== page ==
Tuesday, December 17, 2013

Write On

Murdock Mansion
As mentioned in the past, I have been struggling with my next writing project. I guess the main problem is that there are several projects that I have been working on, but I am not sure any of them is worthy of being made into a book. Yes, that nay-saying critic on my shoulder has been working overtime. As my mind turns towards 2014 and what I would like to accomplish, I realize I need to focus on one thing. But which one to choose?

And then it came to me as I was reading an article about the celebrations that will be taking place in St. Louis next year. The city will be 250 years old in 2014! (If you are interested, here is the website about all the activities that will be taking place.) They say timing is everything with a book launch, so wouldn't it be great to have a book about John J. Murdock ready to go next year? After all, he is a true rags to riches to rags story. He came to St. Louis as a young man and rubbed shoulders with the movers and shakers in the city at that time. His business as an auctioneer and investments in downtown real estate certainly influenced the history of the city.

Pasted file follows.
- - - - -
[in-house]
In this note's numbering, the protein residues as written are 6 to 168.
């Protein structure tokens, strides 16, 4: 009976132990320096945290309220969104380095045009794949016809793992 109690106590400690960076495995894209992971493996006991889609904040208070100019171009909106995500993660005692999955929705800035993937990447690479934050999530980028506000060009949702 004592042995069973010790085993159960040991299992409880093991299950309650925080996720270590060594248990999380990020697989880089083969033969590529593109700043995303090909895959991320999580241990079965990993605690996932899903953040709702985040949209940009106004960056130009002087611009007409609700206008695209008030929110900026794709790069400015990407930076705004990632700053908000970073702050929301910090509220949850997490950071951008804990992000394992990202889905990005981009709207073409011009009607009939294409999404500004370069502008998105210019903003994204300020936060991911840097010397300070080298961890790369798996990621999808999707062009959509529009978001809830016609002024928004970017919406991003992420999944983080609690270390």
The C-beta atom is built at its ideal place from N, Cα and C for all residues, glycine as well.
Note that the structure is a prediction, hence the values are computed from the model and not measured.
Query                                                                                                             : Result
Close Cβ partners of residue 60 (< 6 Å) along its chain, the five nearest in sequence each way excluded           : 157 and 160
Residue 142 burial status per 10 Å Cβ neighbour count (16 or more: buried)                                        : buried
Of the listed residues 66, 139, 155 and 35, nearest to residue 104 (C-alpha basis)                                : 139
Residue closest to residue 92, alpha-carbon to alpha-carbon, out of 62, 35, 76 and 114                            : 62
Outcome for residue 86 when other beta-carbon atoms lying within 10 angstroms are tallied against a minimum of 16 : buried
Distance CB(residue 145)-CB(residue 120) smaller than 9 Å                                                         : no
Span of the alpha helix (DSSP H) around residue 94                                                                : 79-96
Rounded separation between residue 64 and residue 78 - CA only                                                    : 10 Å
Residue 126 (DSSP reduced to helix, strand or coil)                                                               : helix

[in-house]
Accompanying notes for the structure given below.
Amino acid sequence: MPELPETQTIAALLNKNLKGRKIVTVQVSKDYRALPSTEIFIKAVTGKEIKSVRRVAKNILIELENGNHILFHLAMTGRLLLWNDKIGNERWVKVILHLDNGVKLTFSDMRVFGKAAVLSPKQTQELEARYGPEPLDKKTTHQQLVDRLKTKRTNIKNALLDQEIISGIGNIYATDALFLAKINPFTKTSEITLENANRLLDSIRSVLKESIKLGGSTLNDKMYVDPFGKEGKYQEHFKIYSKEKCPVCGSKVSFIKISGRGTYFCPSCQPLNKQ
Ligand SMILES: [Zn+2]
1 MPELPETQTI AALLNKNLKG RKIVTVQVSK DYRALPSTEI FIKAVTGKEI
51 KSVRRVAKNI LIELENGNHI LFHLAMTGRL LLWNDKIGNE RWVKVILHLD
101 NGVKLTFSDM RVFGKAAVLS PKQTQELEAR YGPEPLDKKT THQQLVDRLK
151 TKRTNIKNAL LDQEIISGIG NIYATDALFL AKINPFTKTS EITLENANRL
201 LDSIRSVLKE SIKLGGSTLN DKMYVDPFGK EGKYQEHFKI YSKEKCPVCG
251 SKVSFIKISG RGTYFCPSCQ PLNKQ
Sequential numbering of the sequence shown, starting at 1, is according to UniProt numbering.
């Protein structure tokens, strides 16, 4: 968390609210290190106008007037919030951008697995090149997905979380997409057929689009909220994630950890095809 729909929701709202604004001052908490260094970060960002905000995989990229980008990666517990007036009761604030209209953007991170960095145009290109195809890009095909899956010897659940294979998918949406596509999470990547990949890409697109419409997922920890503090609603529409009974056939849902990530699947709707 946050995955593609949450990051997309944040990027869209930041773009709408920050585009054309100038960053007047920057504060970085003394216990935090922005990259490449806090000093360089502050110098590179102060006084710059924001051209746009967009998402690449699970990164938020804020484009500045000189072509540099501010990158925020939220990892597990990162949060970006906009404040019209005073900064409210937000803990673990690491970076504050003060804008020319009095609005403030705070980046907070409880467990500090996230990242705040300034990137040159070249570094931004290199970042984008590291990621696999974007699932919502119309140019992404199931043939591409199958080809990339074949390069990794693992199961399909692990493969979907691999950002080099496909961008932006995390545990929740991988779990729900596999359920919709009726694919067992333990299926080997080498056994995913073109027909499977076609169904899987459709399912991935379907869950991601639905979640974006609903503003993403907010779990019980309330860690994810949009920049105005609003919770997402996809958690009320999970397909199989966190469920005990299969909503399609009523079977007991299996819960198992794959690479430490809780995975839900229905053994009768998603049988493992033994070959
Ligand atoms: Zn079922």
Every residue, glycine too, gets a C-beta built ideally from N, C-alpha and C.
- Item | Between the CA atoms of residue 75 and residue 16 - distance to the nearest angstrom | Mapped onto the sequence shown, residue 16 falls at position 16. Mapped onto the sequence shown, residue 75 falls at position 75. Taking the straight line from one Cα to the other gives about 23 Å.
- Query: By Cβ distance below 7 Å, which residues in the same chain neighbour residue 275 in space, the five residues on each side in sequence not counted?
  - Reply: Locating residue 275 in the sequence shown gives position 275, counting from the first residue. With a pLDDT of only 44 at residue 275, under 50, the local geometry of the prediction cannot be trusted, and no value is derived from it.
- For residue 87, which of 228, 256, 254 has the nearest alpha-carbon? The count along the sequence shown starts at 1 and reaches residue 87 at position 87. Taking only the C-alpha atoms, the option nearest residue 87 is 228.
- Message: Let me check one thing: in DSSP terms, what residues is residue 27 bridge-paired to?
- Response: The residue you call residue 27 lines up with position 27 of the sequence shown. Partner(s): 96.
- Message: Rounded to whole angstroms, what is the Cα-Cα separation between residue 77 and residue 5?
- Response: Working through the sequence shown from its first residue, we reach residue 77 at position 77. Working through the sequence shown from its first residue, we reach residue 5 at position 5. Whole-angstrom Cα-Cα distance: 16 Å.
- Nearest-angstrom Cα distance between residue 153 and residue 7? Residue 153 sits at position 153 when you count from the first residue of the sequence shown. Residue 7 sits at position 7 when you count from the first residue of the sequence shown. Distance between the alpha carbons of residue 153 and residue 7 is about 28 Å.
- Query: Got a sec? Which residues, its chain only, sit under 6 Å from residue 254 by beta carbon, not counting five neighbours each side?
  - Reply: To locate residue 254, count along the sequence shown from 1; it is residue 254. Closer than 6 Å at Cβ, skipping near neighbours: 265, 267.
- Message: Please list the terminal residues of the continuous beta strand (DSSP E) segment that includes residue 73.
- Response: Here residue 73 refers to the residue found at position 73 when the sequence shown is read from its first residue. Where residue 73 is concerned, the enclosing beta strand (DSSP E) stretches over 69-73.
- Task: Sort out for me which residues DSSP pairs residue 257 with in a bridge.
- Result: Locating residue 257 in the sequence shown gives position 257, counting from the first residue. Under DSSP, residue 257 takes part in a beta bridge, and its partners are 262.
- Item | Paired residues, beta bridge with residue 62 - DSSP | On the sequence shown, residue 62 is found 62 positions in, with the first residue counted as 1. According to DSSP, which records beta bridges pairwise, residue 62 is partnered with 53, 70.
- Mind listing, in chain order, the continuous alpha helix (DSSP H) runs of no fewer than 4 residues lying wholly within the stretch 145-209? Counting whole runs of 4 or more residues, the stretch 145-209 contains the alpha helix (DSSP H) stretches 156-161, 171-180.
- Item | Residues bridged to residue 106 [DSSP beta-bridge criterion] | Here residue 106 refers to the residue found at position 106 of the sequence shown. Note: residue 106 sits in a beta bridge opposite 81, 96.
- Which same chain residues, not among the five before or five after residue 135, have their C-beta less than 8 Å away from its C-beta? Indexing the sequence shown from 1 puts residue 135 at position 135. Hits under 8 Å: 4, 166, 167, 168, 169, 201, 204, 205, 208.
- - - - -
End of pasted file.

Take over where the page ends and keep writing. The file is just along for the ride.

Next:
This is my public declaration that 2014 will be the year of John Murdock. All of my attention will be focused on researching him, his business and the land he owned in St. Louis County. At the end of the day, will there be enough information for a book? I don't know at the moment. But at the least I can write an in depth article about the man and the myths surrounding him. Wish me luck!

Friday, December 13, 2013

Writing Your Life Story

an attendee and I discuss house history
Last weekend fellow author Linda Austin and I were at the Webster Groves Bookshop to discuss writing memoirs and family history. It was nice to see so many people shopping in an independent book store despite the big Missouri football game being televised that afternoon. I enjoyed talking to people who are working on their own stories. It is nice to bounce ideas off one another, and I hope that Linda and I offered encouragement and support. Most of us have that big critic sitting on our shoulders telling us that what we have to say isn't important, or that no one will care anyway.

I struggle with this myself, but I keep writing anyway. How often have we wished that our own ancestors had kept diaries so that we could see what their lives were like? Think about how quickly things change. Certainly my experience in giving birth will be vastly different than what my children will go through. Look at technology. From televisions to telephones, we have seen extraordinary changes in our life time. So go ahead - kick the critic to the curb and write your stories down. Someone in the future will be glad that you did.